At 16 Nella went to Denmark for three years to visit her mother's relatives. When she returned to the United States she went to Fisk University, but her stay only lasted one year. Evidently she was dissatisfied with both Fisk and the United States, because when she left Fisk, she left the country as well, going to Copenhagen, where she audited classes at the University of Copenhagen for two years. She returned to the United States late in 1914, but this time she went to New York City, where she earned a nursing degree in 1915 from Lincoln Hospital Training School for Nurses. Immediately after receiving her nursing degree, she went to Tuskegee Institute, where she was employed as superintendent of nurses. She must have been dissatisfied with Tuskegee, because within one year she left the institute and returned to Lincoln Hospital.
She abandoned nursing in 1918 and began studying to become a librarian. In 1921 she became the children's librarian at the 135th Street branch (Harlem) of the New York Public Library, where she remained until 1929.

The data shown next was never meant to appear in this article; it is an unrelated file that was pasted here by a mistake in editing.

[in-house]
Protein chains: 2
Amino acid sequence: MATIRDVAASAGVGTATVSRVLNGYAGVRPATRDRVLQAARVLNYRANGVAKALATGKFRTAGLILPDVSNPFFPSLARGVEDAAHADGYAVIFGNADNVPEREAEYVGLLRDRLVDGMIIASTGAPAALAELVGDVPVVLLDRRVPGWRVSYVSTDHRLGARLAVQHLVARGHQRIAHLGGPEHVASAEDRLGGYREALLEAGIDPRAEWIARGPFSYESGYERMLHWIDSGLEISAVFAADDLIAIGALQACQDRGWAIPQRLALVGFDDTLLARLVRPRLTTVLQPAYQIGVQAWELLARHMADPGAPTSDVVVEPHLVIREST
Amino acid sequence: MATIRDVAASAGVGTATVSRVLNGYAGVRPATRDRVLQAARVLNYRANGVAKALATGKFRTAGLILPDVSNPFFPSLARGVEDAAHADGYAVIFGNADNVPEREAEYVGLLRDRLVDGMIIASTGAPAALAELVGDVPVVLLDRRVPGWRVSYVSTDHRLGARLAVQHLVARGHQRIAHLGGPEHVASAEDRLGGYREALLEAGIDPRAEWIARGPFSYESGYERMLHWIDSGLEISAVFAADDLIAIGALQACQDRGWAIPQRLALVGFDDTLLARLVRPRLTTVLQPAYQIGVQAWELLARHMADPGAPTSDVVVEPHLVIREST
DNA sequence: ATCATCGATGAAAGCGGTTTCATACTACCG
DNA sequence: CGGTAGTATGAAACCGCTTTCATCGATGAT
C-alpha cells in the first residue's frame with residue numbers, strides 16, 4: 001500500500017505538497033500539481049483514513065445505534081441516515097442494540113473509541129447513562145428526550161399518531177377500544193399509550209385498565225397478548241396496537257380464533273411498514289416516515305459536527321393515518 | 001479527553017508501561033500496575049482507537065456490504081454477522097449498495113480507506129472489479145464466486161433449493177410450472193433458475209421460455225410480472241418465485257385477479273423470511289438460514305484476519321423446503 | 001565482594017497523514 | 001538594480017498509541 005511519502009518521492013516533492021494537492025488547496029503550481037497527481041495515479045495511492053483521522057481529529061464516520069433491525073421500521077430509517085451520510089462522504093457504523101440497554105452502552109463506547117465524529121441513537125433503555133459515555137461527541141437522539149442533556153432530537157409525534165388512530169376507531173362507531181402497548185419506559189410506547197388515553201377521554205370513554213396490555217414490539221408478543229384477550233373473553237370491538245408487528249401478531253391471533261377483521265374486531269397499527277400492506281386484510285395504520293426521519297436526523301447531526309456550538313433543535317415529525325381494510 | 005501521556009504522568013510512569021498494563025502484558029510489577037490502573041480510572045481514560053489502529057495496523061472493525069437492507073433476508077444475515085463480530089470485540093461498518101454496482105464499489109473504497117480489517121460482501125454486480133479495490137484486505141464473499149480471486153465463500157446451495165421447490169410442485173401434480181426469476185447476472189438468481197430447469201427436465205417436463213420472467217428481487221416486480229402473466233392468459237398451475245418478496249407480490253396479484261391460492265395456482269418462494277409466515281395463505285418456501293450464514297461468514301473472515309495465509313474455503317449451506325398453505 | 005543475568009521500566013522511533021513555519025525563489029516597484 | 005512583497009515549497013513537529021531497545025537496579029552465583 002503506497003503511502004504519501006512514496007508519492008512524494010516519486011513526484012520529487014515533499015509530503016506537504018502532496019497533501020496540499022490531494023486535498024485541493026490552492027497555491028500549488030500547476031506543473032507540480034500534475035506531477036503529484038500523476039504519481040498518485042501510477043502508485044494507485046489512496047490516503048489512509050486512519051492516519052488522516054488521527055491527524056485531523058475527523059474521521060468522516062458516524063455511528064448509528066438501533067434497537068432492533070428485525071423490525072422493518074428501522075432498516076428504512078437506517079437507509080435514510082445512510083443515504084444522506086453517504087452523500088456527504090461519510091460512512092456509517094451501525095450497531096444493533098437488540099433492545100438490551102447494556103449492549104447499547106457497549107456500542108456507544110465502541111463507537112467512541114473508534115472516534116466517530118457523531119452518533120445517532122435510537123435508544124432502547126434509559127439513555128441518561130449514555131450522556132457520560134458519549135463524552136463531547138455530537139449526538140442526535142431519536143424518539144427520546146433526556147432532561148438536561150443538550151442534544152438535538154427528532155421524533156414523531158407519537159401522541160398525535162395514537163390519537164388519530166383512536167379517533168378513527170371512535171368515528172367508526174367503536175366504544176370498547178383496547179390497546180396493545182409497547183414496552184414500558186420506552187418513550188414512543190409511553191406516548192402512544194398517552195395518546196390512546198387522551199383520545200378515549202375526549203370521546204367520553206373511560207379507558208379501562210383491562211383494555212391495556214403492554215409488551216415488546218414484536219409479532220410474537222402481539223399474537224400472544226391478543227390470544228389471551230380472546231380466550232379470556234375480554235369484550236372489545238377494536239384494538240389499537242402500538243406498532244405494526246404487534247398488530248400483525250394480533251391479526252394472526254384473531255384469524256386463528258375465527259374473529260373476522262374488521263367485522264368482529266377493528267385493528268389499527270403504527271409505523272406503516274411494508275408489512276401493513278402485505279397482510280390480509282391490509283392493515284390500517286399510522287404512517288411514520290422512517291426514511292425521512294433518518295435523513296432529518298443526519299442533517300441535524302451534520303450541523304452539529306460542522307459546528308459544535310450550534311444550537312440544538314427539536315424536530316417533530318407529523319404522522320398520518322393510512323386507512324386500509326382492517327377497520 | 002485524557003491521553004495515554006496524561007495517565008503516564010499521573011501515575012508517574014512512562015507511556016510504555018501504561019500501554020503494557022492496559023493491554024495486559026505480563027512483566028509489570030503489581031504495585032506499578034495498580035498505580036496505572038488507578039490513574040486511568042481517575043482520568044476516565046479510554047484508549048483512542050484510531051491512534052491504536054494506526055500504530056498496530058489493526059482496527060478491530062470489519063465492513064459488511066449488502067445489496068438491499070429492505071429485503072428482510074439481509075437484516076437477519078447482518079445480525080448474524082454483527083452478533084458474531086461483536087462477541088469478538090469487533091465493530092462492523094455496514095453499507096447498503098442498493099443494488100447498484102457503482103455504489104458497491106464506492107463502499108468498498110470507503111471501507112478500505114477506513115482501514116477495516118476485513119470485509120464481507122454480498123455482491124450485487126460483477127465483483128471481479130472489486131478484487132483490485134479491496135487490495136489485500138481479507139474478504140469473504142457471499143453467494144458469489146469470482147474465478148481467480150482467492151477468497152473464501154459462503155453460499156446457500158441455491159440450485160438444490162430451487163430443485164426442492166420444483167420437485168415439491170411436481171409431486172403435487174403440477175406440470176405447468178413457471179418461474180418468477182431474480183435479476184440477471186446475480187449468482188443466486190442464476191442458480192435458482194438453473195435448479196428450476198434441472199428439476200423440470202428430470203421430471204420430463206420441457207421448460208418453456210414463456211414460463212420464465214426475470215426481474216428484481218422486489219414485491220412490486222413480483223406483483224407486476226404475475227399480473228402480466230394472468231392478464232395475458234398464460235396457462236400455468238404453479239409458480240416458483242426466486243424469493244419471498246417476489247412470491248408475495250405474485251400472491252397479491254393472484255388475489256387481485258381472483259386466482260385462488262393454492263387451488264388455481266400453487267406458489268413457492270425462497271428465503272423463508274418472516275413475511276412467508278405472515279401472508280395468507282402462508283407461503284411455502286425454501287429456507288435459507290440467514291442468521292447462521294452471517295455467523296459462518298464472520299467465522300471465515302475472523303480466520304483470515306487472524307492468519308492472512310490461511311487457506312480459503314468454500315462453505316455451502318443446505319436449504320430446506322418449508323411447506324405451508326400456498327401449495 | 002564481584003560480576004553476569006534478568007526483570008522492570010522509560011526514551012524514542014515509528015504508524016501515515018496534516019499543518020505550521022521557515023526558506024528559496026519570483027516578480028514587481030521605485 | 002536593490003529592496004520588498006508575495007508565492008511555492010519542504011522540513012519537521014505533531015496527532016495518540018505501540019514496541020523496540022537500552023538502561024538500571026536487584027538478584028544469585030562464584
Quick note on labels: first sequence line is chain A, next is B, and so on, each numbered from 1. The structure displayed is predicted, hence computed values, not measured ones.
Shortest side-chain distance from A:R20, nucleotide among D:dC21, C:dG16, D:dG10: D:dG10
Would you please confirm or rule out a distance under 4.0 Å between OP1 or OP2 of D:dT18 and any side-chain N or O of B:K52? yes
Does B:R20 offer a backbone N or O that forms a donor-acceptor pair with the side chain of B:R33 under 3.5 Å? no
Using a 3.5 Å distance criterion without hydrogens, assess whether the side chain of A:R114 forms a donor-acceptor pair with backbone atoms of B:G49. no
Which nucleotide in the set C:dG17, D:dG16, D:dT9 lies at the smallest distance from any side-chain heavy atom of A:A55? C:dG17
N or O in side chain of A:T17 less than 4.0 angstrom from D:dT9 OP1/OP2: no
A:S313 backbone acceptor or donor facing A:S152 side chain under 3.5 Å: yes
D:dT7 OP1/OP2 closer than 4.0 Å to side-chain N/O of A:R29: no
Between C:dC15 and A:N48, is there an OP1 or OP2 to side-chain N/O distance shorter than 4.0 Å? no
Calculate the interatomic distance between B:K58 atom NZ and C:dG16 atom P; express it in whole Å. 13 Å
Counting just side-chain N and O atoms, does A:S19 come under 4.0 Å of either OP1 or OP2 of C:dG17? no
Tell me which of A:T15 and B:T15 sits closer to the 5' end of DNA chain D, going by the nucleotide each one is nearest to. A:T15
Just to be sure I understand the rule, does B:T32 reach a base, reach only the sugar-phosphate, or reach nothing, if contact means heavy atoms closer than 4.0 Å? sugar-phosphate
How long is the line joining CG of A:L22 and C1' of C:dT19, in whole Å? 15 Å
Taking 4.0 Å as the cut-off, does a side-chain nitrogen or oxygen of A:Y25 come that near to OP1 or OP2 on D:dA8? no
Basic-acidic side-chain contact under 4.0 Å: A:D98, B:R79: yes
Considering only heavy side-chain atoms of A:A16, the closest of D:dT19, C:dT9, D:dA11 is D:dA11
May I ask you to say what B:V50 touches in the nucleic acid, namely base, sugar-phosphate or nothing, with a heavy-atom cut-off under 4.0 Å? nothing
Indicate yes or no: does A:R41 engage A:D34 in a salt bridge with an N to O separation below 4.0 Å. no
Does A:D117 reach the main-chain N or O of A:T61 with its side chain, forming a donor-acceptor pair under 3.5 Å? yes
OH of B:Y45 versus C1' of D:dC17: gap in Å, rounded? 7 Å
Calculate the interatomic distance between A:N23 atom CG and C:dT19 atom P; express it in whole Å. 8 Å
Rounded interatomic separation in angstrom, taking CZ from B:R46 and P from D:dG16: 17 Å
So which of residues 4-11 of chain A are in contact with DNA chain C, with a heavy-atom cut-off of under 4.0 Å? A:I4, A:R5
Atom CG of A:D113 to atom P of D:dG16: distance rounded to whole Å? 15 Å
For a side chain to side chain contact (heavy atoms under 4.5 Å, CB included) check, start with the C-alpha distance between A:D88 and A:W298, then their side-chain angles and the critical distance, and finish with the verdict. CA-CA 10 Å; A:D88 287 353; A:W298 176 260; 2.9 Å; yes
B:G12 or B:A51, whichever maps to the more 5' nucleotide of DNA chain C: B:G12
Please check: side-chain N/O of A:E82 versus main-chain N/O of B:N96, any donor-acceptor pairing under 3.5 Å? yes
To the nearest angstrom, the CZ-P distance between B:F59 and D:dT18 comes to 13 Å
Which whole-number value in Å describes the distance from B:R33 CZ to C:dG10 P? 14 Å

In 1919 Larsen had won the Harmon Award for distinguished achievement among African Americans, and in 1930 she became the first black woman—and probably the first person of color—to win the Guggenheim Award. The prize money was to permit her to study in Europe and free her time to write a third novel, but she never did. When she returned, she and her husband were divorced, and she disappeared from public life. She did no more writing, devoting herself exclusively to nursing at Bethel Hospital in Brooklyn. In 1963 she died in Brooklyn, virtually unknown.